So far, the Fed has shown no desire to tighten the federal funds rate (the interest banks charge for lending their excess reserves) in spite of the 1.2 percent increase in the consumer price index announced Friday. The average federal funds rate for the week ending Wednesday was 10.09 percent.

With out no sign of firming, the debt markets marched through a large corporate and municipal calender with relative ease. In fact, some of the corporate issues rose to a slight premium.

The blockbuster $450 million Southwestern Bell Telephone Co. issue was priced a shade richer than was anticipated. However, the 9.65 percent return stood up, and by midweek most of the issue had cleaned up. Much of the issue was acquired on swaps from older issues at attractive yield increases.

The short Ford Credit notes sold to return 9.75 percent while the longer maturity returned 9.85 percent. The double-A Cincinnati Gas and Electric Co. sold well with a 10 percent coupon priced at 101.25 to return 9.87 percent. The BAA-rated Monongahela Power issue sported a 10 1/2 percent coupon and was priced to yield 10.43 percent.

Tax-exempt new issues also sold well, as investors, led by the casualty companies, continued to purchase the housing revenue issues. Quality issues such as those from Califorina, Nevada and Shelby County, Tenn., were all priced stronger than similar loans the previous week.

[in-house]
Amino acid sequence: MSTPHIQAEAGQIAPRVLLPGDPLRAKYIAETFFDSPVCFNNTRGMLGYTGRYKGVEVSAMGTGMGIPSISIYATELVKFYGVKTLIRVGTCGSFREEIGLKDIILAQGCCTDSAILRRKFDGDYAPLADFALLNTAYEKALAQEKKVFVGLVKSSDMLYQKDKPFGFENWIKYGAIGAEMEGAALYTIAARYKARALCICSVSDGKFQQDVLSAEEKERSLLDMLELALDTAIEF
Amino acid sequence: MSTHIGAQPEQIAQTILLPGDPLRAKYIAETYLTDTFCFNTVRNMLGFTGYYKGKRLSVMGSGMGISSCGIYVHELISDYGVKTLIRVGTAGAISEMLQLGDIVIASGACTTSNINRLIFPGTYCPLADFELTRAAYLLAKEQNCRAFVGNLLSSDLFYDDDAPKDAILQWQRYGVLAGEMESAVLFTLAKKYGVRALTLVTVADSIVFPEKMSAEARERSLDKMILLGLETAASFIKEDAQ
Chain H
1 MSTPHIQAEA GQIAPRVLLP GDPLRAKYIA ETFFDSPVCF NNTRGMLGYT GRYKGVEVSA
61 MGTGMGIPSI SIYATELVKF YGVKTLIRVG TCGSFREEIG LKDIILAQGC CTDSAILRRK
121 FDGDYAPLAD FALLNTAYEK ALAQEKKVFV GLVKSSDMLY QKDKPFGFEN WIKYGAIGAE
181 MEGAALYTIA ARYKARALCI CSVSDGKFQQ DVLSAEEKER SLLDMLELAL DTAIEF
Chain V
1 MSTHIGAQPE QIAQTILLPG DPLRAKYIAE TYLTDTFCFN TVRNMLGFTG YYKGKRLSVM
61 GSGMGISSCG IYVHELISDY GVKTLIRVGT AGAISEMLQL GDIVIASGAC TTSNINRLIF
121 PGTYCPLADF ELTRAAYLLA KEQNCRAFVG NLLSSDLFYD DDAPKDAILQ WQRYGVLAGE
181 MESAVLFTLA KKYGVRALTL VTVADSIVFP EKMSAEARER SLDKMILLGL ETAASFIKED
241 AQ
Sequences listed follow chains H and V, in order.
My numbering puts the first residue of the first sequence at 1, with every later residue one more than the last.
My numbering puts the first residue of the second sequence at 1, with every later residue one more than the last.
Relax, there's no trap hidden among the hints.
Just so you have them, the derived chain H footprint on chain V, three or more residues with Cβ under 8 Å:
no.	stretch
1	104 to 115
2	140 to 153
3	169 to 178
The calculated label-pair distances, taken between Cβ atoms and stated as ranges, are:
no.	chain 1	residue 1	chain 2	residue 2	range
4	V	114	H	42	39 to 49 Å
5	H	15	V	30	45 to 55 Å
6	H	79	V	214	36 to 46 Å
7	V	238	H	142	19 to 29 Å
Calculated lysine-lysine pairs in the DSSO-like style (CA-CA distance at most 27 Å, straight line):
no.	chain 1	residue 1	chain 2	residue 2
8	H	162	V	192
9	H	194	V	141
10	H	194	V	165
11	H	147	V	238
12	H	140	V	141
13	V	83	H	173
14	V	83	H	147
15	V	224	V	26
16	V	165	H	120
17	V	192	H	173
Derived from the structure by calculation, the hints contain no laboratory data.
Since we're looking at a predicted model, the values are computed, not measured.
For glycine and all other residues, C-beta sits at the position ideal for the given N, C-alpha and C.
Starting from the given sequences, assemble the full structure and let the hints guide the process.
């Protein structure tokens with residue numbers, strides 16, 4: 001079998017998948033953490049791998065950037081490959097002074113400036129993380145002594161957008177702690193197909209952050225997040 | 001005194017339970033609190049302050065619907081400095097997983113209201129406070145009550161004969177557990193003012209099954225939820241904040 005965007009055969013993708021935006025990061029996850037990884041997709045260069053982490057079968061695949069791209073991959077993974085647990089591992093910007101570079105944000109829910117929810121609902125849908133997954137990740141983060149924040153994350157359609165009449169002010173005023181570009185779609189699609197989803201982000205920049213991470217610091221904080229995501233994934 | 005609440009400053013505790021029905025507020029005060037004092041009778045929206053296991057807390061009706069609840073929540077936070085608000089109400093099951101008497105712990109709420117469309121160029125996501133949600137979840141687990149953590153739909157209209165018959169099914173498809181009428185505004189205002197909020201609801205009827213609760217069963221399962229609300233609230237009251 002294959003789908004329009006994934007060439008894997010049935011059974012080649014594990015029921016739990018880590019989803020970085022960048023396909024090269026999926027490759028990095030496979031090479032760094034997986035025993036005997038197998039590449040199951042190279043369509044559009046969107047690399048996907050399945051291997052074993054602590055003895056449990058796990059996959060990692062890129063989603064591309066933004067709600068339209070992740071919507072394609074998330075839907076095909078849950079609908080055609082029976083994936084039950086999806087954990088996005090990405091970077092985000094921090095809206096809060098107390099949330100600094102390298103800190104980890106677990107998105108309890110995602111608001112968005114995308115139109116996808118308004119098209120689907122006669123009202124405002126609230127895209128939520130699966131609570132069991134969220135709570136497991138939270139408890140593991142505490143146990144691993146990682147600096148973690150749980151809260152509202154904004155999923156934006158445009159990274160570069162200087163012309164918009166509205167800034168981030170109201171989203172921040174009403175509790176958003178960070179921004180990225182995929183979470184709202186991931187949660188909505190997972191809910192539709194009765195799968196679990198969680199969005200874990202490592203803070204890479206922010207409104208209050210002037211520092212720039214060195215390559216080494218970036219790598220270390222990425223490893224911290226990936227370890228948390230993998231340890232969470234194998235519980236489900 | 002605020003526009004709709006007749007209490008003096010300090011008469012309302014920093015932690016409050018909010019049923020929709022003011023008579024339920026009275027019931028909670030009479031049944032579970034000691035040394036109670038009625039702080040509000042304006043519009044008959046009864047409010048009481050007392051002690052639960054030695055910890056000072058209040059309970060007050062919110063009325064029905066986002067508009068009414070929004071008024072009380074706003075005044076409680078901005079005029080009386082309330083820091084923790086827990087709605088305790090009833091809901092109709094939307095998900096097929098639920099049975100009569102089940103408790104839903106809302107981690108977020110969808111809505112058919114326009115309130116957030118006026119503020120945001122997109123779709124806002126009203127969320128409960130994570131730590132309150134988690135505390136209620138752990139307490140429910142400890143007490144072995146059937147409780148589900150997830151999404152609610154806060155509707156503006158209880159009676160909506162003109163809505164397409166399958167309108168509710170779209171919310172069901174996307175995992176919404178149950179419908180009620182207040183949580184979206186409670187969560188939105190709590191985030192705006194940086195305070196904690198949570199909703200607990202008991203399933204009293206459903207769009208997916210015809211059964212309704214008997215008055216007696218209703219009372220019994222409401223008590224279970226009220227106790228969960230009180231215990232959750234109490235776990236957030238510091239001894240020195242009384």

In spite of the good performance, municipal dealers have begun to build large positions, as is evidenced by the increase in the Blue List (a publication that shows all the munipals that dealers have for sale) to $945 million, the high for 1979. The market became top-heavy by week's end, as some investor sold into the rising market. Consequently the upward price movement in municipals could be quite limited.

On April 24, the City of Baltimore will sell $30 million general obligation bonds. For those investors who already own Baltimore bonds, or for those considering purchasing them, Sylvan Feldstein of Smith Barney, Harris upham has just published an analytical report on Baltimore GOs.

Feldstein cites six weaknesses and 11 favorable factors to support his 5 rating, which is comparable to the A-1 by Moody's and an A-plus by Standard & Poor's.

A sound fiscal operation, a good economy, 31 percent of the city's revenues coming from supportive state monies and the retirement of 68.64 percent of the outstanding general obligations bonds within 10 years all go into the 5 rating by the Smith Barney analyst.

The Montgomery County Housing Opportunities Commission will sell a $57 million single-family mortgage revenue issue this week. A double-A rating is hoped for.

The Treasury had to postpone the sale of its 2-year note because the Senate had not increased the debt ceiling.

The Treasury will offer $3.34 billion in year bills Wednesday in minimum denominations of $10,000, and will reopen $1.5 billion of the outstanding 9 percent bonds due Feb. 15, 1994, on Thursday in minimum denominations of $1,000. These bonds should come around 9.08 to 9.15 percent. This offering is dependent upon Senate approval of the increase in the national debt ceiling.